Art

Parents criticize Disney film Turning Red for intermittent debate

Pixar’s latest children’s film Turning Red has been criticized as “inappropriate” for mentioning periods “multiple times,” but others PRAISE it for showing “normal bodily functions.”

  • The new Pixar film for Disney+, Turning Red, tells the story of Mei Lee, a 13-year-old girl who transforms into a giant red panda when her feelings get too much
  • Some have taken to social media to say the film’s content is not appropriate for a PG audience, as there are multiple references to periods and crushes
  • However, others have praised the film, saying, “The more menstruation is mentioned, the less scary it becomes.”
  • The film Rosalie Chiang as main character Meilin ‘Mei’ Lee and Killing Eve star Sandra Oh provides the voiceover for Ming Lee, Mei’s mother

The latest children’s film to be released on Disney+ has sparked controversy among some – because it contains multiple references to teenage periods and crushes.

To redden, The first Pixar film to be directed exclusively by a woman, Domee Shi, has an age rating (PG), but some on social media have deemed the film “inappropriate” for younger children.

The Pixar film documents the story of Mei Lee, a 13-year-old girl who transforms into a giant red panda when her emotions get too much – a trait shared by other women in her family.

Scroll down for videos

While menstruation is only hinted at in Pixar’s new Disney+ film, some parents have deemed the references to periods and crushes “inappropriate” for a PG audience

Some have said on social media that the film's content, which focuses on the character of 13-year-old Mei, is not appropriate for a PG audience as there are multiple references to periods and crushes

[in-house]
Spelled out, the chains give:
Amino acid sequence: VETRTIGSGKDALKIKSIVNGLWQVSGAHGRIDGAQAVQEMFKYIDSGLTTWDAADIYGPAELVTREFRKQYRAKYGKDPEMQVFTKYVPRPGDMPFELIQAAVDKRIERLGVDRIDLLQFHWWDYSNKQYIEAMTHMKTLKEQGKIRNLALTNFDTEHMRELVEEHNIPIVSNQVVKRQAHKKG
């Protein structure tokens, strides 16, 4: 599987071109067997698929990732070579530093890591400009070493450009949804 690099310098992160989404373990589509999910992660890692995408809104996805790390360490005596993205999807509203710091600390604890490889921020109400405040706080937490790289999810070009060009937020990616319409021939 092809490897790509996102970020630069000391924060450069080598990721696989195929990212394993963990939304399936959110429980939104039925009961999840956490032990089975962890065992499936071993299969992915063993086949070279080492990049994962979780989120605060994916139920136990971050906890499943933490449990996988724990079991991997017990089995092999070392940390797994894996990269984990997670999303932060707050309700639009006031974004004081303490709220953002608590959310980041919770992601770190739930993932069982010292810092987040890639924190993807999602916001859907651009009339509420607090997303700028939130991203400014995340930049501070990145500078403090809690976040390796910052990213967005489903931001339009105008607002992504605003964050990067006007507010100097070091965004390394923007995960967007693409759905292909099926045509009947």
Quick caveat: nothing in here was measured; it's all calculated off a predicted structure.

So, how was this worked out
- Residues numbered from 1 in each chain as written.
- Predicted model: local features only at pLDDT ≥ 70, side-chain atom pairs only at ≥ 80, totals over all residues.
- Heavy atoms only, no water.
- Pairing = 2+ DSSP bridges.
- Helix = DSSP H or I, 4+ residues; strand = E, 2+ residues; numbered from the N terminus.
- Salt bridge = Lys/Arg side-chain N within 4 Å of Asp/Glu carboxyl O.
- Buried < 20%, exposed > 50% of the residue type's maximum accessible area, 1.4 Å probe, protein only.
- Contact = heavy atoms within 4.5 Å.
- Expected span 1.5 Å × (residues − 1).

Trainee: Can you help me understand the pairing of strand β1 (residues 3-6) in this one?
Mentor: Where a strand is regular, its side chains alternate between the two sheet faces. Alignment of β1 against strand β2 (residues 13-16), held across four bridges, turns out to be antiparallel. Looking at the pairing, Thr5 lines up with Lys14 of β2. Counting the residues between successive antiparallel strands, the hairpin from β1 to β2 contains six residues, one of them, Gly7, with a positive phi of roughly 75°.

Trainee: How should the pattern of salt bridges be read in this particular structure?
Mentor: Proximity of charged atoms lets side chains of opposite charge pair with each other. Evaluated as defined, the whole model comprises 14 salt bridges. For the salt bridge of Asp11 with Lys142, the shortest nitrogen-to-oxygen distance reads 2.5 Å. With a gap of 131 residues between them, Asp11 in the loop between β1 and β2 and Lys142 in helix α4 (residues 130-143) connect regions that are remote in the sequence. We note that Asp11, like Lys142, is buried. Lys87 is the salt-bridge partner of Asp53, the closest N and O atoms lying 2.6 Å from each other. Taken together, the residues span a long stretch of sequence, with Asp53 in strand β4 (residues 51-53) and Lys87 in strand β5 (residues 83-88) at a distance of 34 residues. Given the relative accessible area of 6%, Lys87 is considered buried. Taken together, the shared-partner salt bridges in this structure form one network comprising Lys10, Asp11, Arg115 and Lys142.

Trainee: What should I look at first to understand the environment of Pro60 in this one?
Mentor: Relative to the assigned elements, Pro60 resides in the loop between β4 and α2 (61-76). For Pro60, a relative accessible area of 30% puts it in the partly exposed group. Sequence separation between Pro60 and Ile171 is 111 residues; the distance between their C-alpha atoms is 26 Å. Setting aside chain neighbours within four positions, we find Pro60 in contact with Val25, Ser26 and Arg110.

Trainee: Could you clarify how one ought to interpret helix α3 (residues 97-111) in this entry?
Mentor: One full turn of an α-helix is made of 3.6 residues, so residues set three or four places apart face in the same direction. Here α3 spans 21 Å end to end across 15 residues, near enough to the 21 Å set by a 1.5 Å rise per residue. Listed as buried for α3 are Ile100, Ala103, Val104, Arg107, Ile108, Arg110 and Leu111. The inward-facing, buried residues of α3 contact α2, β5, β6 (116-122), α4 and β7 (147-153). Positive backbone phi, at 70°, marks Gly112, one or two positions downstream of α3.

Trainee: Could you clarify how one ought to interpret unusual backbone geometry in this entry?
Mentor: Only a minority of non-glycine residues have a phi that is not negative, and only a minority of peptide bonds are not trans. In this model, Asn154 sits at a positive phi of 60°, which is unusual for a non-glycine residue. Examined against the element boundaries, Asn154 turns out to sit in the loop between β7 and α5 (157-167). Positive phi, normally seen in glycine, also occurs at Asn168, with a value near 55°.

Some have said on social media that the film’s content, which focuses on the character of 13-year-old Mei, is not appropriate for a PG audience as there are multiple references to periods and crushes

Fantasy comedy animation films stars Rosalie Chiang as lead character Meilin ‘Mei’ Lee and Killing Eve star Sandra Oh takes on the voice of Ming Lee, Mei’s mother.

While the film doesn’t explicitly mention menstruation, it does make reference to it in several places, including a scene where Mei is asked, “Has the big red peony arrived?”. by her mother after hearing a commotion in the family bathroom.

The “peony” scene in Ming then walks through the bathroom door with toiletries, a hot water bottle and painkillers, as she says: “[She is a] woman now and [her] body begins to change. ‘

One person who saw the film wrote on Twitter: “You should not let your children watch the film. In my honest opinion it’s not appropriate for kids to watch it. ‘

The new Disney film also references the high school crushes of crazed boy band Mei

The new Disney film also references the high school crushes of crazed boy band Mei

A poster on Twitter added: “Boring annoying characters, unfunny, a story that is NOT age appropriate for my 5 and 6 year olds, I never heard them laugh once, the puberty story is over their heads. I’m SO glad we didn’t waste money to see this in theaters.

Another agreed, saying: “We love supporting films with Asian characters/stories but a story about a boy band obsessed teenager wasn’t. Most of the content wasn’t kid-friendly and my kids never warmed to it.”

However, many people said they loved the fact that the film “discusses something that 50 percent of the population experiences.”

One wrote: “Body functions scare some people. The more menstruation is mentioned, the less scary it becomes.

Another added: “It’s overwhelming to me that it’s 2022 and there are still people who think it’s not child friendly to talk about menstruation!”

A parade attendee also applauded, saying: “Despite the outcry I’m reading in some reviews, it’s 100% kid-friendly for both boys and girls. It’s time that basic biology, which affects almost 50% of the population by the age of 9, wasn’t taboo. This allegory of growing up is well done.”

advertisement

.

About the author

MAGASIR

Leave a Comment